God Is With Us


Stop fighting, and know that I am God, supreme among the nations, supreme over all the world. – Psalm 46:10

The title given to Psalm 46 is “God Is With Us.” This entire psalm encourages us to recognize that, though we may experience much that is fearful in both the natural world and in our human relationships, God is with us. The natural world can be shattered by earthquakes, or battered by storms that can sweep over us without warning and turn our comforts and our certainties upside-down in a flash. Though this is true, we can trust that God is the only shelter worthy of our faith and trust. We know that he is the strength and the shelter that is always ready to help us in times like those.

On the other hand, the delicate fabric of our human relationships is often torn by willful dissention, anger,mistrust, even war. When this happens it is because we have either fogotten, or turned away from God. And all too often it is because we have arrogantly taken the role of God upon ourselves. Worse yet, we may even claim that, “God is on our side,” as we carry out the destruction of another person, or a nation. Such behavior can only result in horror and chaos. Those who would use the name of God to support such behavior have abandoned God and entered into the service of the enemy of God.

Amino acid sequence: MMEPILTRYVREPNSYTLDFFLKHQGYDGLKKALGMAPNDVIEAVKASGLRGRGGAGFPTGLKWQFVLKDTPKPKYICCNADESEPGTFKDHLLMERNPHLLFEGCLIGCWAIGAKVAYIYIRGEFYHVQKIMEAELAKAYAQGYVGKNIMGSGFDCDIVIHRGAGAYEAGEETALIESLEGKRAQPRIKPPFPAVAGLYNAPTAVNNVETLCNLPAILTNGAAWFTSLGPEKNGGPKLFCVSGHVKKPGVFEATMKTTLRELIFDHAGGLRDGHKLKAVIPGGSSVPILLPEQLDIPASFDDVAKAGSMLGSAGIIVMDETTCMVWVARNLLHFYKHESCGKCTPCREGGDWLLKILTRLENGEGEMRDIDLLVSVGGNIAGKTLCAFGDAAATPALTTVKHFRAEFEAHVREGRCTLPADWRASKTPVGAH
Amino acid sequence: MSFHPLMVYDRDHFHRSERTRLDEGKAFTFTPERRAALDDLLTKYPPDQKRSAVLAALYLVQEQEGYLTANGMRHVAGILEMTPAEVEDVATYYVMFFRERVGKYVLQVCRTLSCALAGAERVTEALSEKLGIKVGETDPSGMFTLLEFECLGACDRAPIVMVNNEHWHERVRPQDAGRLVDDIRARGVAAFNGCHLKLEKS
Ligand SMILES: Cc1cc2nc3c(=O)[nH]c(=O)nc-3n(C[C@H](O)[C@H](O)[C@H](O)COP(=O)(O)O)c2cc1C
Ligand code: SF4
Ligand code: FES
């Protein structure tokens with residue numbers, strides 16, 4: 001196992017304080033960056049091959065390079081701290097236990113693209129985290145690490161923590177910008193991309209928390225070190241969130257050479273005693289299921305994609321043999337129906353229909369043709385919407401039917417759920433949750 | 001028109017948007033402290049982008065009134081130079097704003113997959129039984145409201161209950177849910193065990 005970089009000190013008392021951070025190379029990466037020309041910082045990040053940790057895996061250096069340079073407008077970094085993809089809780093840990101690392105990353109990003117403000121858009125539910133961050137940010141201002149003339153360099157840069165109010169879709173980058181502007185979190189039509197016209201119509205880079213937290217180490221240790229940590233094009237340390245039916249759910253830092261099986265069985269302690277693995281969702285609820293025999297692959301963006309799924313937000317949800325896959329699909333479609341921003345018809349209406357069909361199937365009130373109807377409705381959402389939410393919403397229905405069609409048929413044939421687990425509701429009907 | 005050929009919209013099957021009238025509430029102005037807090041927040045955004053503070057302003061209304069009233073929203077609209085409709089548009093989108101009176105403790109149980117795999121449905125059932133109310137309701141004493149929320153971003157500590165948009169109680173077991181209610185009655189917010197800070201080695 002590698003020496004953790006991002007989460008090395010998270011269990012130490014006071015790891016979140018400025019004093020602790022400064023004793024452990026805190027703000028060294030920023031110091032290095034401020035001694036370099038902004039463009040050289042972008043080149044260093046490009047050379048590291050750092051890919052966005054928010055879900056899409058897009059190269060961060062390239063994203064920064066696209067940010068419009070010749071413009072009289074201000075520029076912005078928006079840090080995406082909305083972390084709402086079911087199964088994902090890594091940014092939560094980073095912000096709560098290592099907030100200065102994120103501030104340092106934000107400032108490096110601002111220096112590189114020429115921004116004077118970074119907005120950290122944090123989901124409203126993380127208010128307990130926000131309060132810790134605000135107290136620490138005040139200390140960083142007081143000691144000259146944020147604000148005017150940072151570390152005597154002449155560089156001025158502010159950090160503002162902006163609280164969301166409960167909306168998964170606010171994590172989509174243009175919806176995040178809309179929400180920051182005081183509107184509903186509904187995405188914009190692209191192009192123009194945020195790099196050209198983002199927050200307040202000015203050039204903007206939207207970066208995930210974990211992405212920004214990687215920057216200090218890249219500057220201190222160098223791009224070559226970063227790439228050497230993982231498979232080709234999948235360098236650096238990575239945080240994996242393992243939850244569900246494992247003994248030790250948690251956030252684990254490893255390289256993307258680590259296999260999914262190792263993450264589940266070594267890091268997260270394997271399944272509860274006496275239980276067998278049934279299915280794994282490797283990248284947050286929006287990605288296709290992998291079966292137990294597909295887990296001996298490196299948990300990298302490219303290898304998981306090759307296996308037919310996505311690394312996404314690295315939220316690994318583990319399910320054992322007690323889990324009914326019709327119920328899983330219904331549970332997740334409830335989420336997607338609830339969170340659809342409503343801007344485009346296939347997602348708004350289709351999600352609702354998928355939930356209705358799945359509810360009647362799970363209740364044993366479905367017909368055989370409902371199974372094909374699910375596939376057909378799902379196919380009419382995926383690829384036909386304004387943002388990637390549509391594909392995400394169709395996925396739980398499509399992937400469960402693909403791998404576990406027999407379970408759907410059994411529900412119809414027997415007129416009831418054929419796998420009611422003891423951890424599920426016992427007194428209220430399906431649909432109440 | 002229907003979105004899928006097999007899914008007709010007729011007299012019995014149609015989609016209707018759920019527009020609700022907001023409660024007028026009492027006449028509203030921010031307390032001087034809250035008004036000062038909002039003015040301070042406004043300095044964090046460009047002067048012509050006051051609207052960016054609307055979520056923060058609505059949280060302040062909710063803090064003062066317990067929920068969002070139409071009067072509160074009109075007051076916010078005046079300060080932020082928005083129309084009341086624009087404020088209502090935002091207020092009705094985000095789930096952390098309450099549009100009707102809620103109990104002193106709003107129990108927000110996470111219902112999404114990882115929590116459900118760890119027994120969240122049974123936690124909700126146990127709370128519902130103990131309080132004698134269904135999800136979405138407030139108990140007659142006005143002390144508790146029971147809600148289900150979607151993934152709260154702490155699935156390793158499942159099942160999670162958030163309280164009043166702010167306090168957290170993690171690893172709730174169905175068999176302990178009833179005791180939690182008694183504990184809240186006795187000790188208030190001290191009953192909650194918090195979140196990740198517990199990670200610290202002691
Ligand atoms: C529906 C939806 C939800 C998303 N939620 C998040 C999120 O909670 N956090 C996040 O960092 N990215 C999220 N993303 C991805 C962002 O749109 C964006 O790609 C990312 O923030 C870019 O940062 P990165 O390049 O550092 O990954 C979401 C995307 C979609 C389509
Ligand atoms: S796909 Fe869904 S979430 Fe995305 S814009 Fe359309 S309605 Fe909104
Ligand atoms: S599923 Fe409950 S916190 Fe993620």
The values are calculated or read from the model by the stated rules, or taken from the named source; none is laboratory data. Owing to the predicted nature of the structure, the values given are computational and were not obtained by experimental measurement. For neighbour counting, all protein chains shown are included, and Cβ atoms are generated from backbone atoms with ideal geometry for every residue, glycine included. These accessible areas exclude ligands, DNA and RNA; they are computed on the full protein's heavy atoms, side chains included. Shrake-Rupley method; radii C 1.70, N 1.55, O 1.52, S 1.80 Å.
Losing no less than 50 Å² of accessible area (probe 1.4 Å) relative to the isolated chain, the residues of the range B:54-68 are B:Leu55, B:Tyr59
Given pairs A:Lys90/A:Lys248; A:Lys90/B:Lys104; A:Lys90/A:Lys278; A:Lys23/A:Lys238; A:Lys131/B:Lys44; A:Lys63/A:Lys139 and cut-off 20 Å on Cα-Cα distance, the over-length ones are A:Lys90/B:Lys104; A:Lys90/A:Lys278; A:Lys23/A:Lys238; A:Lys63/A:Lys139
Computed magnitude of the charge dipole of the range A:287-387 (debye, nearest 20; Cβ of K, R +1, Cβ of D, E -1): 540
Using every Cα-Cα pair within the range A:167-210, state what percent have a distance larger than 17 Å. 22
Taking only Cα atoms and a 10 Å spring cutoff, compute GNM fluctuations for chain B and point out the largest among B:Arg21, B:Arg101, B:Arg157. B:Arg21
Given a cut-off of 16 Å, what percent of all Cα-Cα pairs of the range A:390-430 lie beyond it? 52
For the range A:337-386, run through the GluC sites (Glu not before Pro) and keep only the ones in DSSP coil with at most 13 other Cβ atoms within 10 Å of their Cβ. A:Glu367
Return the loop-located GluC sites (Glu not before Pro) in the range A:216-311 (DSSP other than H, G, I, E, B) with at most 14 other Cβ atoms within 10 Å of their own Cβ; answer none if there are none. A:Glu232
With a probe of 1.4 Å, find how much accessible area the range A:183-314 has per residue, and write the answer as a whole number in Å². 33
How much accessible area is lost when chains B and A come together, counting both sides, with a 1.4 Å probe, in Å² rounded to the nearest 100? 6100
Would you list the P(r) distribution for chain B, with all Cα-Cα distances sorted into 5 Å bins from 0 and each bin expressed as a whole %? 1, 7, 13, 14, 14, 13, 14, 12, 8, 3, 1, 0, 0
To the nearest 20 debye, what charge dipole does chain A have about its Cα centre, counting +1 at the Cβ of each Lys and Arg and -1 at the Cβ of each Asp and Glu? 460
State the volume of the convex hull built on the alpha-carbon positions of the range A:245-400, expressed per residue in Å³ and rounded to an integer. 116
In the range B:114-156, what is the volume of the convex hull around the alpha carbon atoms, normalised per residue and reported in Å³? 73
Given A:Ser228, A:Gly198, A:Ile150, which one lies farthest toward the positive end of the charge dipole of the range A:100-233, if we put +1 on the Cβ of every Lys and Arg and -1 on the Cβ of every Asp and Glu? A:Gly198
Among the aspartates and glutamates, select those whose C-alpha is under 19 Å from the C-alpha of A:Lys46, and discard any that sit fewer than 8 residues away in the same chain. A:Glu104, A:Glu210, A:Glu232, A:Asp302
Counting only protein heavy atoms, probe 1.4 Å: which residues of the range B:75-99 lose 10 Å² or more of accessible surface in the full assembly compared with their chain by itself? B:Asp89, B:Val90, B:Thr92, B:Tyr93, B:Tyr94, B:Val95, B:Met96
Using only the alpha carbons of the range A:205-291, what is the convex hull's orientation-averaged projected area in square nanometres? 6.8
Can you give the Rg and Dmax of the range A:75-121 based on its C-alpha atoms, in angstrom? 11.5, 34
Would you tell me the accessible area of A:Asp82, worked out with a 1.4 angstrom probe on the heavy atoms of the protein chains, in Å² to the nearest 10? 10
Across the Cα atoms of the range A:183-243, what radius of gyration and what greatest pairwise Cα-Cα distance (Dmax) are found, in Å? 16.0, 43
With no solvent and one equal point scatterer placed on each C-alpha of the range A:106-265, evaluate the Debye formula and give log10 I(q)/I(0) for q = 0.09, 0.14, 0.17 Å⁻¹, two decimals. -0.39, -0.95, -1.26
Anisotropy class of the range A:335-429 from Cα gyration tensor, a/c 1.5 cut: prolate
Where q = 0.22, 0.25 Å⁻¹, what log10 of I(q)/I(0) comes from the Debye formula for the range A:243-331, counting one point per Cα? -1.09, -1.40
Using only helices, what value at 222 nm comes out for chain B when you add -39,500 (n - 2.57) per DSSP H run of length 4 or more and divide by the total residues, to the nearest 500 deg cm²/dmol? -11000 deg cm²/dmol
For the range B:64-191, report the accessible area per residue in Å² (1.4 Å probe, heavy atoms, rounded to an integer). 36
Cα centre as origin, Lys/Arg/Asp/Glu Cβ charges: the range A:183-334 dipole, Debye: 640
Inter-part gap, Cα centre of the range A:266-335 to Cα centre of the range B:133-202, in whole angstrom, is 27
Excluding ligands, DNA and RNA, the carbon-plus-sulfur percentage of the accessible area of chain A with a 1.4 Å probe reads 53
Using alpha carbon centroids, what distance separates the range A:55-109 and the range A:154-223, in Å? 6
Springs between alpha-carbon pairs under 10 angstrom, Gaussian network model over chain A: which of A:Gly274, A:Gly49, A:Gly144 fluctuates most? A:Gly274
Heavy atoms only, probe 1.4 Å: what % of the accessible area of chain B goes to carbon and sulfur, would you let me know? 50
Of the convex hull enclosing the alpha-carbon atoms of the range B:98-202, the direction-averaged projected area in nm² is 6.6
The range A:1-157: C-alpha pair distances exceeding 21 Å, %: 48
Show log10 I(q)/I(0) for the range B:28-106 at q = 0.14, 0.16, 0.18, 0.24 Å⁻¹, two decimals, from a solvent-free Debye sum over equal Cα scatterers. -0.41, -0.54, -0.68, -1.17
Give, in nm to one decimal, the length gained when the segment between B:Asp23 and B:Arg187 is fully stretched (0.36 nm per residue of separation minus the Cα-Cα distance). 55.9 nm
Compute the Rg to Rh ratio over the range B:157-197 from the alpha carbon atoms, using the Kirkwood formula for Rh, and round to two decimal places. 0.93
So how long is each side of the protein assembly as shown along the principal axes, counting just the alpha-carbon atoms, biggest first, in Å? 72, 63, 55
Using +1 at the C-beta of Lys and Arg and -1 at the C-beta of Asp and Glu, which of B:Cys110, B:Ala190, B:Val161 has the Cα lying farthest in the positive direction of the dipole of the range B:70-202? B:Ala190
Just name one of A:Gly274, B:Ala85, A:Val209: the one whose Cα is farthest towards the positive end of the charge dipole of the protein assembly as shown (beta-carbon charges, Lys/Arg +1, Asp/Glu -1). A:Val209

This psalm teaches us something profoundly different about the nature of God. We are told that God, “breaks bows, destroys spears, and sets shields on fire.” He tells us, “Stop fighting and know that I am God,”—–Not you! Yes, God is with us, but only when we are in humble union with his creative, forgiving and loving nature. If we use God for our malign and destructive purposes; if we hate others in his name, he is NOT WITH US. On the other hand, if we humbly and willingly accept that God is supreme, that his will is the only power worthy of the name, for only his will is absolutely and infinitely life-giving, merciful, and compassionate; and if we begin to live our lives in humble imitation of that, then, and only then, can we know for certain that he is with us, that he is on our side. It is only then that we will know the peace that we most desire.

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Dan Doyle is a husband, father, grandfather, Vietnam veteran, and retired professor of Humanities at Seattle University. He taught 13 years at the high school level and 22 years at the university level. He spends his time now babysitting his granddaughter. He is a poet and a blogger as well. Dan holds an AA degree in English Literature, a BA in Comparative Literature, and an MA in Theology, and writes regularly for The Veterans Site blog.
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